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The Land of Opportunity

It is an ill wind that blows no good” is a maxim as true for loggers and sawmillers as it is for sailors. Mired as most of us have been in rough markets, it’s hard to imagine good times coming soon. They will come all right, but they will be some of the toughest good times that any of us have managed in our careers.

July 3, 2012
By Scott Jamieson

This may not seem like news to those of us who have ridden a forest industry upswing before. This is, after all, a market that tends to get away from us in a hurry, forcing a mad scramble for fibre, talent, new production technology, railcars, and supplier resources. Yes, we’ve seen that before.

But not like this. This time a set of global circumstances will conspire to choke the supply side of the equation, creating massive opportunity, and massive challenges for regions with access to a more elastic fibre supply.

Fibre as gold
Those supply constraints start in what has been the lumber heartland of Canada for decades – the B.C. Interior. We’ve all heard of the leaked report detailing how quickly, and dramatically, fibre supply will taper off in the Interior in the coming few years. That will not surprise anyone who has flown into Prince George in the past decade. What’s left also seems to be increasingly problematic and dangerous to process in conventional mills.

International Wood Markets Group just released its own analysis of the coming B.C. Interior lumber sector. It predicts that a sharp decline in AAC from 60 to 40 million m3 over the next 15 to 20 years will cause a sharp decline in lumber production, starting as early as 2014. In fact, much of this capacity has already been lost, as mills shut in the current downturn will not re-open. Other regions in B.C. will have the opportunity to increase production somewhat, market and fibre cost depending, but the overall lumber volume from B.C. will continue to fall (see a full report on this in our next issue).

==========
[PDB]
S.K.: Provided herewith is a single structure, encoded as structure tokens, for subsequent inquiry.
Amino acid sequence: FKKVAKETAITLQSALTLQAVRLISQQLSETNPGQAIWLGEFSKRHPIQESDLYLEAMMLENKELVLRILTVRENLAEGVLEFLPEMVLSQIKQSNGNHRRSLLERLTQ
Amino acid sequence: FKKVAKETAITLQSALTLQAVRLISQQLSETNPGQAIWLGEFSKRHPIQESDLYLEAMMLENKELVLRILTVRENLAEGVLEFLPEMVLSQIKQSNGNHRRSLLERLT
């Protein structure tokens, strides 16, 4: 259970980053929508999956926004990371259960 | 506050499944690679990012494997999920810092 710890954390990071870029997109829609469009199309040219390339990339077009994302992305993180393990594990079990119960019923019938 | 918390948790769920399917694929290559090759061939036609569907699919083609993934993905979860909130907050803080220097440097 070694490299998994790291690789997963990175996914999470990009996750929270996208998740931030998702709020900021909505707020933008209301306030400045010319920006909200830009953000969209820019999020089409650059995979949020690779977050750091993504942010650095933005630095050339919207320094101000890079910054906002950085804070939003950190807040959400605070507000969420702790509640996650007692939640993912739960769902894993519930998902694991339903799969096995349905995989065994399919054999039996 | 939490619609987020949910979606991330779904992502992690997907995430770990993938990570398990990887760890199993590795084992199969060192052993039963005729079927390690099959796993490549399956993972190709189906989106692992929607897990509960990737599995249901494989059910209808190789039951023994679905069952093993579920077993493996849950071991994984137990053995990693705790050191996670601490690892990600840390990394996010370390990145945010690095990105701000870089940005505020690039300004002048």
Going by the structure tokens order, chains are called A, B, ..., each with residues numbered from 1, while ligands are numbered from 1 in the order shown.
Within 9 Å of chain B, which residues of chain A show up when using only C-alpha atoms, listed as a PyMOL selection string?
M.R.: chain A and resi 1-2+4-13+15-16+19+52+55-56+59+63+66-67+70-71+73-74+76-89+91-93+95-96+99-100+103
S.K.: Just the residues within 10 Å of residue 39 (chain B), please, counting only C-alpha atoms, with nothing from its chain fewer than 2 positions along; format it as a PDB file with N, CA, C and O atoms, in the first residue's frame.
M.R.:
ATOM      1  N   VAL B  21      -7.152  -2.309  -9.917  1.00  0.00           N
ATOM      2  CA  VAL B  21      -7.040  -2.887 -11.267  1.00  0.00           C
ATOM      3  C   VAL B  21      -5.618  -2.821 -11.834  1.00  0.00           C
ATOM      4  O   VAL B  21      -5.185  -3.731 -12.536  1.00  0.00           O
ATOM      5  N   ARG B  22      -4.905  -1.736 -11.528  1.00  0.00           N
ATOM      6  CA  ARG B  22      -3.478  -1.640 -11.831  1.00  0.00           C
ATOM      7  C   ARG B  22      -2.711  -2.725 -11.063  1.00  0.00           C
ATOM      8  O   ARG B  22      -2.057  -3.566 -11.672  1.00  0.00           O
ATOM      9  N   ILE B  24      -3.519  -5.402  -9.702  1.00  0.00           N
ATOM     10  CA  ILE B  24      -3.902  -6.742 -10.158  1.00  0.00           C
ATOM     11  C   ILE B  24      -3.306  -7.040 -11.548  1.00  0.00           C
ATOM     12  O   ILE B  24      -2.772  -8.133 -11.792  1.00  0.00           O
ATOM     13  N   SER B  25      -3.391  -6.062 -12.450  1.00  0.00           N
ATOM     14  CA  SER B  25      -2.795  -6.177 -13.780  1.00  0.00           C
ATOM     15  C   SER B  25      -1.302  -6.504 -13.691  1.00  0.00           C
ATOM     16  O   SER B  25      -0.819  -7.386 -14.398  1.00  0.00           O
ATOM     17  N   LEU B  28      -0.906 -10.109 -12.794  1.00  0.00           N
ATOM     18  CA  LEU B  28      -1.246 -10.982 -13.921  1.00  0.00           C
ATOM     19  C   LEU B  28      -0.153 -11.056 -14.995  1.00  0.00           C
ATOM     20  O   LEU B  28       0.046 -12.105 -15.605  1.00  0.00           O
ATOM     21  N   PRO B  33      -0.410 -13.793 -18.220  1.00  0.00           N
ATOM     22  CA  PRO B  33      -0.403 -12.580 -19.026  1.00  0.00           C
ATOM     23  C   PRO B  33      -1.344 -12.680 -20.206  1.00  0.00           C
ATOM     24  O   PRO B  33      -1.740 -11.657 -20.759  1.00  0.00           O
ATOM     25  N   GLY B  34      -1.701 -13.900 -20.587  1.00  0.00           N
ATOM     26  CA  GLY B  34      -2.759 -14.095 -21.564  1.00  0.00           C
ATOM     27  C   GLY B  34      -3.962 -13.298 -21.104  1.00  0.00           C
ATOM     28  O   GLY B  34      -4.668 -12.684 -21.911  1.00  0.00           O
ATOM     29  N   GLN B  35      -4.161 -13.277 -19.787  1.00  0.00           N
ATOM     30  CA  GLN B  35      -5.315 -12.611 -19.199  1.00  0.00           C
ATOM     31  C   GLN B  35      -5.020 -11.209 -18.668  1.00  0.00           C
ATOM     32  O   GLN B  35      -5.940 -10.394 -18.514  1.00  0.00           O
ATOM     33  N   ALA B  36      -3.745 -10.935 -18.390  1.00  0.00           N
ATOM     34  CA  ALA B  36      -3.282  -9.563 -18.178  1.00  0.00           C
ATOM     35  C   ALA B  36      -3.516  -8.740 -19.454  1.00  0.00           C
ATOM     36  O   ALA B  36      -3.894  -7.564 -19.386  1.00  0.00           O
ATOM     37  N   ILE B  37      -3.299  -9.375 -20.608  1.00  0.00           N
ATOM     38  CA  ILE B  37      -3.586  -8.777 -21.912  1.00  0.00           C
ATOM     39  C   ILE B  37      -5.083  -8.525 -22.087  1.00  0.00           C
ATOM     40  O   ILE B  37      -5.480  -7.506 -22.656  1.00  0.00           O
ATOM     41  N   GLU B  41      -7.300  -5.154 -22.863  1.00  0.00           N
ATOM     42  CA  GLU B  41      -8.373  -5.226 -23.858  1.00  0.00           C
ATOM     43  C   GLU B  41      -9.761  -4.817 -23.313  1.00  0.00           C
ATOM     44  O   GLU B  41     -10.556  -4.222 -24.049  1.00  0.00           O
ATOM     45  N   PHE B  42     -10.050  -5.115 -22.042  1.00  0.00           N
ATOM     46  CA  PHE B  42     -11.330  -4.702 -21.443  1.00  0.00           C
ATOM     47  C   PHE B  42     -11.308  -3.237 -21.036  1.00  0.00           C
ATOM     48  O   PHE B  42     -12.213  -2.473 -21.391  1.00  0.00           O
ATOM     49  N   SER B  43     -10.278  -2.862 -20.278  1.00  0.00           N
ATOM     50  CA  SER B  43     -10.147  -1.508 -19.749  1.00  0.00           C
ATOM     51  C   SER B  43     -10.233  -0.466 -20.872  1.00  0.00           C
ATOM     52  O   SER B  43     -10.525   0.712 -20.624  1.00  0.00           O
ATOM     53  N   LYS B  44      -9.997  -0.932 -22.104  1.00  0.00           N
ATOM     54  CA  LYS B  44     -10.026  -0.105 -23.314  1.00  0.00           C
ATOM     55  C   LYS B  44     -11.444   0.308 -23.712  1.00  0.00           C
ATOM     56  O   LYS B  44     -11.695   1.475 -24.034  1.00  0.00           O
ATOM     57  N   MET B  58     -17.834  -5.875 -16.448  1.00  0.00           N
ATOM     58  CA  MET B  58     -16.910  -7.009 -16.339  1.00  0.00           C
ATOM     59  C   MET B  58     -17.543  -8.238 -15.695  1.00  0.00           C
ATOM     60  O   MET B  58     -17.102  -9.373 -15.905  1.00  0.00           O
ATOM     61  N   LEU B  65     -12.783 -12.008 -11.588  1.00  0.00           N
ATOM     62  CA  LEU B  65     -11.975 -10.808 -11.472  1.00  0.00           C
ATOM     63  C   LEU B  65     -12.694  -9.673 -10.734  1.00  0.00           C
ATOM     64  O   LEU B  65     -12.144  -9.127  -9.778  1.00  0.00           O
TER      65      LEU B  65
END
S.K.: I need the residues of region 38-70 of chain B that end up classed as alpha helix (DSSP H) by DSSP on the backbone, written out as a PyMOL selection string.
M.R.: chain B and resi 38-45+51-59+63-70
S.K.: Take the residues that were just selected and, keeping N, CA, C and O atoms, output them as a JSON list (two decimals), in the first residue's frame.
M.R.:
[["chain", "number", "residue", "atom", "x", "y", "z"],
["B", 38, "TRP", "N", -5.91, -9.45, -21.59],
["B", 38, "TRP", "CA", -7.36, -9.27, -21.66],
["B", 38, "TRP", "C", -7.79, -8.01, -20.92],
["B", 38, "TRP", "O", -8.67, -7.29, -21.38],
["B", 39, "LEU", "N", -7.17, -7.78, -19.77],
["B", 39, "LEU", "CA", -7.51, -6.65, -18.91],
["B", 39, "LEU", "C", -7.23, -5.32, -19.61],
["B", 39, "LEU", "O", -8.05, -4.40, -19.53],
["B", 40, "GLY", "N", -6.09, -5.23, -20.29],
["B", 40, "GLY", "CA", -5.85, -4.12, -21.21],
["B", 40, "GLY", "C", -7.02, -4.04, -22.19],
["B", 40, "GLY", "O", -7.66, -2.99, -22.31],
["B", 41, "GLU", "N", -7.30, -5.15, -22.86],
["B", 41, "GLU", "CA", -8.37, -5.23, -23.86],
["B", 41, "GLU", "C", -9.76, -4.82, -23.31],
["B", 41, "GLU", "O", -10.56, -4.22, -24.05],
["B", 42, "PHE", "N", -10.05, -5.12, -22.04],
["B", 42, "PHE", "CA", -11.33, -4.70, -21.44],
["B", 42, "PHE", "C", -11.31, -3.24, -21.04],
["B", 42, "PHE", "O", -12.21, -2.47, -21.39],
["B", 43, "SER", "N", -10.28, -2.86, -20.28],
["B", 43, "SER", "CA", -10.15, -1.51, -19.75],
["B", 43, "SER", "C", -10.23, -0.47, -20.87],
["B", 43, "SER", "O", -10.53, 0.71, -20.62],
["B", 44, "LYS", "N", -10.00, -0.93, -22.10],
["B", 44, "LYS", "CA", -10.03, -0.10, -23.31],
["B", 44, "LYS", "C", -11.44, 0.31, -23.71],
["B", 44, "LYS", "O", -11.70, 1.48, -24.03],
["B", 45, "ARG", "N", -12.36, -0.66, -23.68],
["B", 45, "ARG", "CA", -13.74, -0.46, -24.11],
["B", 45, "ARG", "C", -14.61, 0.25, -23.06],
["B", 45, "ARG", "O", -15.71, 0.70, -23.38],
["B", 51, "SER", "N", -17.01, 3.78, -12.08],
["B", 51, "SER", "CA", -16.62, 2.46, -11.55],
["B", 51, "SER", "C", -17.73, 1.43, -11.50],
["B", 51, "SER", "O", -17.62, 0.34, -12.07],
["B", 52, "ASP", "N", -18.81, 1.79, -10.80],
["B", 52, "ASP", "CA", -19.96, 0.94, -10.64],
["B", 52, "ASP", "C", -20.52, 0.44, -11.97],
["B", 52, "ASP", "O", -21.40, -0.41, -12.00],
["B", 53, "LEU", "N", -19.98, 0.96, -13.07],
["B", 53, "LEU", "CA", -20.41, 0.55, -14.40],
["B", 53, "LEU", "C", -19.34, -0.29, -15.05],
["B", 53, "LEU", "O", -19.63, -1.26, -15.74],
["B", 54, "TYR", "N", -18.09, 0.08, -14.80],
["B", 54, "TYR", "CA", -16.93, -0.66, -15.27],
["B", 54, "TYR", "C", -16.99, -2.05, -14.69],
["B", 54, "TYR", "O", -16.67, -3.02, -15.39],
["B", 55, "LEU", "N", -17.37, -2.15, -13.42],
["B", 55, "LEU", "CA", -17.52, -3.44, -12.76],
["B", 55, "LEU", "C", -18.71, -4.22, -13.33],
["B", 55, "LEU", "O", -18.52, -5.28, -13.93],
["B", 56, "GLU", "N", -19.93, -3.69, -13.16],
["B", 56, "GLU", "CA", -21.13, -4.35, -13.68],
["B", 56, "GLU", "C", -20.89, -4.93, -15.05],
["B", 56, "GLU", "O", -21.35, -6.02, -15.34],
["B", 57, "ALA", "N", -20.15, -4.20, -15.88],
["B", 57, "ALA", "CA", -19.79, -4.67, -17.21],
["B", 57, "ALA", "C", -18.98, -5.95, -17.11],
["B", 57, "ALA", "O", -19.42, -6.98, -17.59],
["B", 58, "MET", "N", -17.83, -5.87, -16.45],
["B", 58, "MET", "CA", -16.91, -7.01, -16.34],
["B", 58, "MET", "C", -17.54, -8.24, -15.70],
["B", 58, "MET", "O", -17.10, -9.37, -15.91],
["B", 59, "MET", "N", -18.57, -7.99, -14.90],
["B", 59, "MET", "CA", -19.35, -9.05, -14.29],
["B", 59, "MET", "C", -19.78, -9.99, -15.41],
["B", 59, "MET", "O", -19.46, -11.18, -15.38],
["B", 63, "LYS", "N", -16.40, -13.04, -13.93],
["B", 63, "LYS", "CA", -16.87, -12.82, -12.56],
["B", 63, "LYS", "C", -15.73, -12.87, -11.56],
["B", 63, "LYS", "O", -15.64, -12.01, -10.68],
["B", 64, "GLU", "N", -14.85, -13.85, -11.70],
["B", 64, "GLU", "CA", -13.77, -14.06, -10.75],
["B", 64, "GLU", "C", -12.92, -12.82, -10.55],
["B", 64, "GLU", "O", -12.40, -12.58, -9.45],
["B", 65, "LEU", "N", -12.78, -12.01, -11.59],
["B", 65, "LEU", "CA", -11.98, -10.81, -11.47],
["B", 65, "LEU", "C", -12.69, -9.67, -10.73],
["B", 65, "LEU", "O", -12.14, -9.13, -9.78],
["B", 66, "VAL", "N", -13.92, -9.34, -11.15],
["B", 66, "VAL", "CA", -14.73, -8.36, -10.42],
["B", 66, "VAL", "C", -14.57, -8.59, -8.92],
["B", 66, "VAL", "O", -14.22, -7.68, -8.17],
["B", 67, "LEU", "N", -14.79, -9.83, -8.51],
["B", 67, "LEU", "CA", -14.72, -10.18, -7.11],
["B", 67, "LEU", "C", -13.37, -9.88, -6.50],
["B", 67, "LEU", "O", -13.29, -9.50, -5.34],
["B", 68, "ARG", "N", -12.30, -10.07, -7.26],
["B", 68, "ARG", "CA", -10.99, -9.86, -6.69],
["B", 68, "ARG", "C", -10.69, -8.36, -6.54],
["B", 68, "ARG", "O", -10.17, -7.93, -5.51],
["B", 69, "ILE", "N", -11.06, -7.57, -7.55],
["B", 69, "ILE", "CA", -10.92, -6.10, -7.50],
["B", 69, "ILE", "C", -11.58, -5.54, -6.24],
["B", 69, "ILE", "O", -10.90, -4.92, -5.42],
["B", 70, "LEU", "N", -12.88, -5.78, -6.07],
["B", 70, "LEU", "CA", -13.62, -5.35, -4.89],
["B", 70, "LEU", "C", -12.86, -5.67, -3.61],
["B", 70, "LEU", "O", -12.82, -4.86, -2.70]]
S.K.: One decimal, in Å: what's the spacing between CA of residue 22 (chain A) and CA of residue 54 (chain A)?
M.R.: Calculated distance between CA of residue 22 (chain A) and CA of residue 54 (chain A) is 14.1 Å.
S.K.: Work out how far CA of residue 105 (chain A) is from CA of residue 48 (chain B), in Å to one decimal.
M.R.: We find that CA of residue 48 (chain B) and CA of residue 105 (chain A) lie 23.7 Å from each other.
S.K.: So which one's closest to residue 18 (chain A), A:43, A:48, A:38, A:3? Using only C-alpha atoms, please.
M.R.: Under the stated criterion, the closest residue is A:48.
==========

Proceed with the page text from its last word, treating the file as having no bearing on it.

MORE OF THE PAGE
This will be a key factor in determining how the lumber markets react when demand starts to rebound as early as next year. Yet, at the recent Canadian Woodlands Forum Spring Meeting held in Moncton in late March, industry analyst Peter Woodbridge cited a whole slew of additional factors that will make the coming “super cycle” unique. These include:

  • China: Woodbridge does not share the concerns of some analysts who feel the housing boom in China will be short-lived. The coming starts will dwarf anything happening in the U.S. or Europe, he feels, creating a massive demand for lumber and building systems. Much of B.C.’s production will continue to go to China, creating a vacuum south of the border.
  • Brazil: Timber production here has hit a plateau, as the land available for plantations is limited. Government policy is also heavily favouring the use of fibre for bioenergy, especially to fuel the country’s cement industry.
  • U.S. housing: While still in the doldrums, Woodbridge expects it will regain the 1.5 million mark within the next few years. As this happens, there will be very little elasticity on the supply side.
  • Labour constraints: Employment in forestry is a shadow of what it was in 2004. Many of the players have left the industry to pursue other opportunities, and like many of us (see the editorial in the last issue), Woodbridge expects few will choose to return when the cycle rises. That will mean a host of newbies to recruit, reduced production as the traditional father-son training cycle is broken, financing challenges, and reduced shifting. The combination of production rush and fresh faces will also create a safety nightmare, but that’s the subject of another editorial.

Add it up, and we are in for a unique recovery cycle, one in which suppliers that have answers to both the timber and labour issues will do very well. Woodbridge suggests a few other ways to position your operation for success. Building systems will be a key market opportunity as the U.S. housing sector also deals with its own skills shortages, so component suppliers will do well. MSR lumber will be in demand, as the B.C. Interior supplied close to 85% of those products in the past. This may be a niche for players in the north.

I would add that diversification outside the B.C. Central Interior would be wise for lumber manufacturers and suppliers alike (see Canfor’s recent investment in southeastern B.C. or the Vaagen Midway mill in southern B.C. as examples), and that any investments in fibre access, recovery and automation will be rewarded handsomely. But it would be a good idea to take care of your staffing, equipment and technology needs before the boom if you have the available cash. Otherwise, get in line.

Scott Jamieson, Editorial Director

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